Foreign fast food and casual dining companies are ready to take a bite out of Japan’s food market, in spite of the country’s hampering tax hikes and reports about the struggles of major players like McDonald’s. In quick succession at the start of this year, a string of overseas companies, mainly American, announced that they would enter the Japanese market.
The first round of the unified local elections on April 12 showed once again that Prime Minister Shinzo Abe and his ruling Liberal Democratic Party are in firm control of the nation. More than two years after the December 2012 general elections, there remains no sign whatsoever that the opposition parties are on the rebound or can even put up a decent fight against the ruling coalition.
Local communities and governments hoping for an economic boost through a direct connection to Narita Airport’s newly-opened Terminal 3 might be in for a disappointment. The terminal currently hosts five low cost carriers (LCCs), companies that tend to operate only on highly profitable and popular routes.
In the year 2011 the Obama administration rolled out a new policy called the “Pivot to Asia,” which was supposed to herald a shifting of the United States’ attention and resources to the Asia-Pacific, deemed to be the most important geography for the emerging 21st century.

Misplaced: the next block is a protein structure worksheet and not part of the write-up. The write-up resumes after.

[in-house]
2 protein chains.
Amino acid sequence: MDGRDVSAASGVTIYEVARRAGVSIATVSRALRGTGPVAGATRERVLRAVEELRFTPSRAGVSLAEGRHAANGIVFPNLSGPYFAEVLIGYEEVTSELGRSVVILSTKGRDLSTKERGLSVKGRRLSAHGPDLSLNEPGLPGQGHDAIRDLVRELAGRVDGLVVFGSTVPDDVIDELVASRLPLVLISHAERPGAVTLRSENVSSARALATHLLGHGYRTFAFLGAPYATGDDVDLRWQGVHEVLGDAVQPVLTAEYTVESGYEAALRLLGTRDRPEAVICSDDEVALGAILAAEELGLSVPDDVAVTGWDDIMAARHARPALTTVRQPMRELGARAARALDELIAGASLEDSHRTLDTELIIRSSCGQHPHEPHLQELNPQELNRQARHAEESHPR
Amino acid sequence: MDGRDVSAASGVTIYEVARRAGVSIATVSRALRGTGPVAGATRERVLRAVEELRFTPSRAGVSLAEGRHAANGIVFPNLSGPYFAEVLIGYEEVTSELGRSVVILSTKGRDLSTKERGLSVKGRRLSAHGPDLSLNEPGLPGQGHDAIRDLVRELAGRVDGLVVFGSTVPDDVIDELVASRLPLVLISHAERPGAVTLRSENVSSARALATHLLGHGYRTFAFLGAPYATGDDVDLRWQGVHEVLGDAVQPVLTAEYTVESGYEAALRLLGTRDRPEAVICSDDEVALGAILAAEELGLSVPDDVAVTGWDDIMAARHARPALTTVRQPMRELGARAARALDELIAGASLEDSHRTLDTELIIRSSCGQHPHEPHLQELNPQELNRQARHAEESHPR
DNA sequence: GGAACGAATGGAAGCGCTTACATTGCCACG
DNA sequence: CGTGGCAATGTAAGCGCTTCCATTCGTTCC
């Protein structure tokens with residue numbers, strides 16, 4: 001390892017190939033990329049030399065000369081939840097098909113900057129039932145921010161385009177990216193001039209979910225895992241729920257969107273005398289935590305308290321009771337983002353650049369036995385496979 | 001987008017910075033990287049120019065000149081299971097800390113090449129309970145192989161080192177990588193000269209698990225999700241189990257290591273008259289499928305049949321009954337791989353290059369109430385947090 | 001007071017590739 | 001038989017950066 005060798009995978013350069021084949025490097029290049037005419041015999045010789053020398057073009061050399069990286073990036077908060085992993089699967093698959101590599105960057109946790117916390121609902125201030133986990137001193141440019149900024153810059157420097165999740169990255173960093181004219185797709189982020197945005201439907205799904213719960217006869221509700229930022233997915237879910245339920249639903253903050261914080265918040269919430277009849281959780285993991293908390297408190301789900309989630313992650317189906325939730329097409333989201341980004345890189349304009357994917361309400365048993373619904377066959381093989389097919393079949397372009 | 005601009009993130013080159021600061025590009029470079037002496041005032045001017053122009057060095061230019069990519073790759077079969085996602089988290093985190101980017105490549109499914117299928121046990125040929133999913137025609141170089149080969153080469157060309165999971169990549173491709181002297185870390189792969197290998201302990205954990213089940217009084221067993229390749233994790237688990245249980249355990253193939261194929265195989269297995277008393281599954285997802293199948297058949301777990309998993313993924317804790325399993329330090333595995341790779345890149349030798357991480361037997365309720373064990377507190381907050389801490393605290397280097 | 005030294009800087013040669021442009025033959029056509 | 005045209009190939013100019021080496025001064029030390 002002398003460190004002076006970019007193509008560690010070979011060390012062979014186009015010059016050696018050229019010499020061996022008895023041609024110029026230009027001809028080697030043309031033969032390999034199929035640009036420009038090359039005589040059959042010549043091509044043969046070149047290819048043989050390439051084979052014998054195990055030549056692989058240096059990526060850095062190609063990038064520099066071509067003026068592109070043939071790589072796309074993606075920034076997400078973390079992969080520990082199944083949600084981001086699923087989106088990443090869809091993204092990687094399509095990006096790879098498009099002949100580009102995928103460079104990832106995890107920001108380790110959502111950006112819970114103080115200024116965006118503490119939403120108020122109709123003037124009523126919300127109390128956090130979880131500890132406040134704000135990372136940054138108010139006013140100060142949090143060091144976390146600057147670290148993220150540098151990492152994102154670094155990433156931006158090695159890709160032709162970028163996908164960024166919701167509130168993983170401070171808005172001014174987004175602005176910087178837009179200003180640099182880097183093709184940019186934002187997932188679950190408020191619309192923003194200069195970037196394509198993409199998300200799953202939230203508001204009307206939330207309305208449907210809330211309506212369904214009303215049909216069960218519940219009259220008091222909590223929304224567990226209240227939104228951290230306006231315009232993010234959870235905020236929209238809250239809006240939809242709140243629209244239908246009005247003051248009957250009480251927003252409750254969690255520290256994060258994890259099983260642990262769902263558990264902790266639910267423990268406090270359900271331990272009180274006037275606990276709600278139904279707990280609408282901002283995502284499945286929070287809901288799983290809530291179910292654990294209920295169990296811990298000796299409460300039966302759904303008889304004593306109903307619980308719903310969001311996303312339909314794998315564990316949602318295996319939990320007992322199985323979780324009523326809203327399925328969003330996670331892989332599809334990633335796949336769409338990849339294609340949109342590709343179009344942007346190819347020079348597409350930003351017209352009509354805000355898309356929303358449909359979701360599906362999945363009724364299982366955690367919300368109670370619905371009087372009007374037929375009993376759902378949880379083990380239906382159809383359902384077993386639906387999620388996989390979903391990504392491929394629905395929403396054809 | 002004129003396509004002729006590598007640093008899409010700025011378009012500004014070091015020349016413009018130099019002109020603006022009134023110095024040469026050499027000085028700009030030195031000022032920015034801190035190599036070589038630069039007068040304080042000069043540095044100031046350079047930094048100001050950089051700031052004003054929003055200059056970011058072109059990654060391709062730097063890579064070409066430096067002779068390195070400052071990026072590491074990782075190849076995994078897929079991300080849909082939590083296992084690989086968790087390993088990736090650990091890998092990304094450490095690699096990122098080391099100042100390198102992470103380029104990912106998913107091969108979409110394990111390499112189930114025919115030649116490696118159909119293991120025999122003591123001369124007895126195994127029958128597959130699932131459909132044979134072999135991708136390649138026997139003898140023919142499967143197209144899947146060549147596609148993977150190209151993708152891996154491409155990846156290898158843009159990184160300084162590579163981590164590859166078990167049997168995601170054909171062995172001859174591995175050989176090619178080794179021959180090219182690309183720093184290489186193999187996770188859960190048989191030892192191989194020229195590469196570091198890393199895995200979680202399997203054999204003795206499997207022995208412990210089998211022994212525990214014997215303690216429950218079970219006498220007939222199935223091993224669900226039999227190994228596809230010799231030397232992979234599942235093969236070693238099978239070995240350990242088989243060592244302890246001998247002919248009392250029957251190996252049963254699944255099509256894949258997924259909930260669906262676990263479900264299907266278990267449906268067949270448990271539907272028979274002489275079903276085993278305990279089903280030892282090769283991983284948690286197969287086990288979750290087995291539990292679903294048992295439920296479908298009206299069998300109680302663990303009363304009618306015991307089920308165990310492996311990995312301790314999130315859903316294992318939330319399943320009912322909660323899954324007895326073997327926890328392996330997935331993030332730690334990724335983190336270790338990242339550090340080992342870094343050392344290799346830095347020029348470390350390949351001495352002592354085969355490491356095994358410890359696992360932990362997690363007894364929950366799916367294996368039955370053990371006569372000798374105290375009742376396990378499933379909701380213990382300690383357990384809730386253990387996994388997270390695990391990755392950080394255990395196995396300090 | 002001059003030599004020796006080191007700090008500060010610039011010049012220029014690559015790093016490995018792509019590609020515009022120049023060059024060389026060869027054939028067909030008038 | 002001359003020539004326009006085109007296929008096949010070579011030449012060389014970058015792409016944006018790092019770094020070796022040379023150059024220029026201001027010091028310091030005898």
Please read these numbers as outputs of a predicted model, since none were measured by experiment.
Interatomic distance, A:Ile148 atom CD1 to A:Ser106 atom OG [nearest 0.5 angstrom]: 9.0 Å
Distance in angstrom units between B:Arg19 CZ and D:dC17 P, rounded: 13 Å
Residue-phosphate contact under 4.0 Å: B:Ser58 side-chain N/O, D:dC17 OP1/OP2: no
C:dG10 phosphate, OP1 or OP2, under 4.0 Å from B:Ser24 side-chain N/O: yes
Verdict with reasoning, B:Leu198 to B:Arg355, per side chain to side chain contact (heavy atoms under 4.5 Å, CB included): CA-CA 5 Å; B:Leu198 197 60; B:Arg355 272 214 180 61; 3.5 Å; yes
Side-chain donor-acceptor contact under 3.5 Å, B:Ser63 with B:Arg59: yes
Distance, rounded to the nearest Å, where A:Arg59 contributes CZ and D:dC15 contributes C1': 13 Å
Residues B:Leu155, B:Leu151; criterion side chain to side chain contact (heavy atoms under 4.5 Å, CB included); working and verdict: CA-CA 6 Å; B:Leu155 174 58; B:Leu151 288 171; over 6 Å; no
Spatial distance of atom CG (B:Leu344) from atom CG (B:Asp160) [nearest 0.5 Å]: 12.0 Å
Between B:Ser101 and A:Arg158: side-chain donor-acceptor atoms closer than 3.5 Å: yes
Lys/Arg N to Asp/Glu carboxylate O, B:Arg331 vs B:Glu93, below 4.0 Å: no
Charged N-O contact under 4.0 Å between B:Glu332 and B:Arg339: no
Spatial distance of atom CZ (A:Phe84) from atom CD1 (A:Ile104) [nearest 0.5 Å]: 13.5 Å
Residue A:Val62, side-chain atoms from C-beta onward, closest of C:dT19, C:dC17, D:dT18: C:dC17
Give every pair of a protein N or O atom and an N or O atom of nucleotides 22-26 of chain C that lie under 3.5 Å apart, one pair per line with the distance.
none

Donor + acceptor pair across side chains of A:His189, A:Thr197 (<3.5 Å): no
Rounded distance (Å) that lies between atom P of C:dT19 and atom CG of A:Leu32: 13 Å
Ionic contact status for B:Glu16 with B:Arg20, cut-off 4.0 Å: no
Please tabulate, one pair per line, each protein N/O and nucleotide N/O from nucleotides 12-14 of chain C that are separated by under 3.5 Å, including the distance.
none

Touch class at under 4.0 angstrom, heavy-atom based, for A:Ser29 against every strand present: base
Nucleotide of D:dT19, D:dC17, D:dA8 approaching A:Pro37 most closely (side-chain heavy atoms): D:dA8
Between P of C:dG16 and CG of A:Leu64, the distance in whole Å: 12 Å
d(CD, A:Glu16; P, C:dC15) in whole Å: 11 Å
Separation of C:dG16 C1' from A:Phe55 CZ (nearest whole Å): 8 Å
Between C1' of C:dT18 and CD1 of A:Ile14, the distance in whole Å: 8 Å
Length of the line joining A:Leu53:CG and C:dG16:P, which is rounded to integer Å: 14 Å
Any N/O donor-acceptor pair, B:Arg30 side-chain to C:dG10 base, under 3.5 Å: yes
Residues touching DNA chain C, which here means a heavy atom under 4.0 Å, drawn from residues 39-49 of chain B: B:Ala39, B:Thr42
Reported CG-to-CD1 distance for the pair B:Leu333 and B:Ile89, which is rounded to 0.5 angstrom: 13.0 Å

Japan Innovation Party leader Kenji Eda couldn’t have framed the events in starker terms when he discussed the issue of the Asian Infrastructure Investment Bank at a press conference last Thursday: “It was a victory for Chinese diplomacy and a complete defeat for Japanese diplomacy,” he declared.
The Japanese economy has emerged from recession, helped along by low oil prices and a surging stock market. But at a household level optimism remains elusive.
The Nikkei, Japan’s most important stock index, hit a 15-year high last Friday with closing figures above the 19,000 mark. The advance of the stock market, which is largely owed to multinationals operating overseas profiting from Abenomics’ policy of monetary easing, along with a stable increase in demand from the United States, is a welcome success for Prime Minister Shinzo Abe, whose hesitance to implement or clearly define the crucial “third arrow” of his economic policy has been criticized by politicians and economists alike.
Since Prime Minister Shinzo Abe took to power for the second time in December 2012, many of his bills have been met by skepticism from politicians and the public alike. One of Prime Minister Abe’s least controversial reforms, however, is the plan to lower the legal voting age from 20 to 18 years.
Political donations have been a problem for Japanese politicians for a very long time. Prime Minister Shinzo Abe has already has lost three of his ministers due to alleged violations of the Political Funds Control Law after the reshuffle of his Cabinet in September last year, and suspicions are being raised about a fourth, Education Minister Hakubun Shimomura.
Only days after Agriculture Minister Koya Nishikawa saw himself forced to resign over allegations of campaign funding irregularities, Prime Minister Shinzo Abe’s cabinet faces renewed challenges with another senior minister suffering similar allegations, as well as a concern about the role of government subsidy receiving firms that has touched even the prime minister and chief cabinet secretary themselves.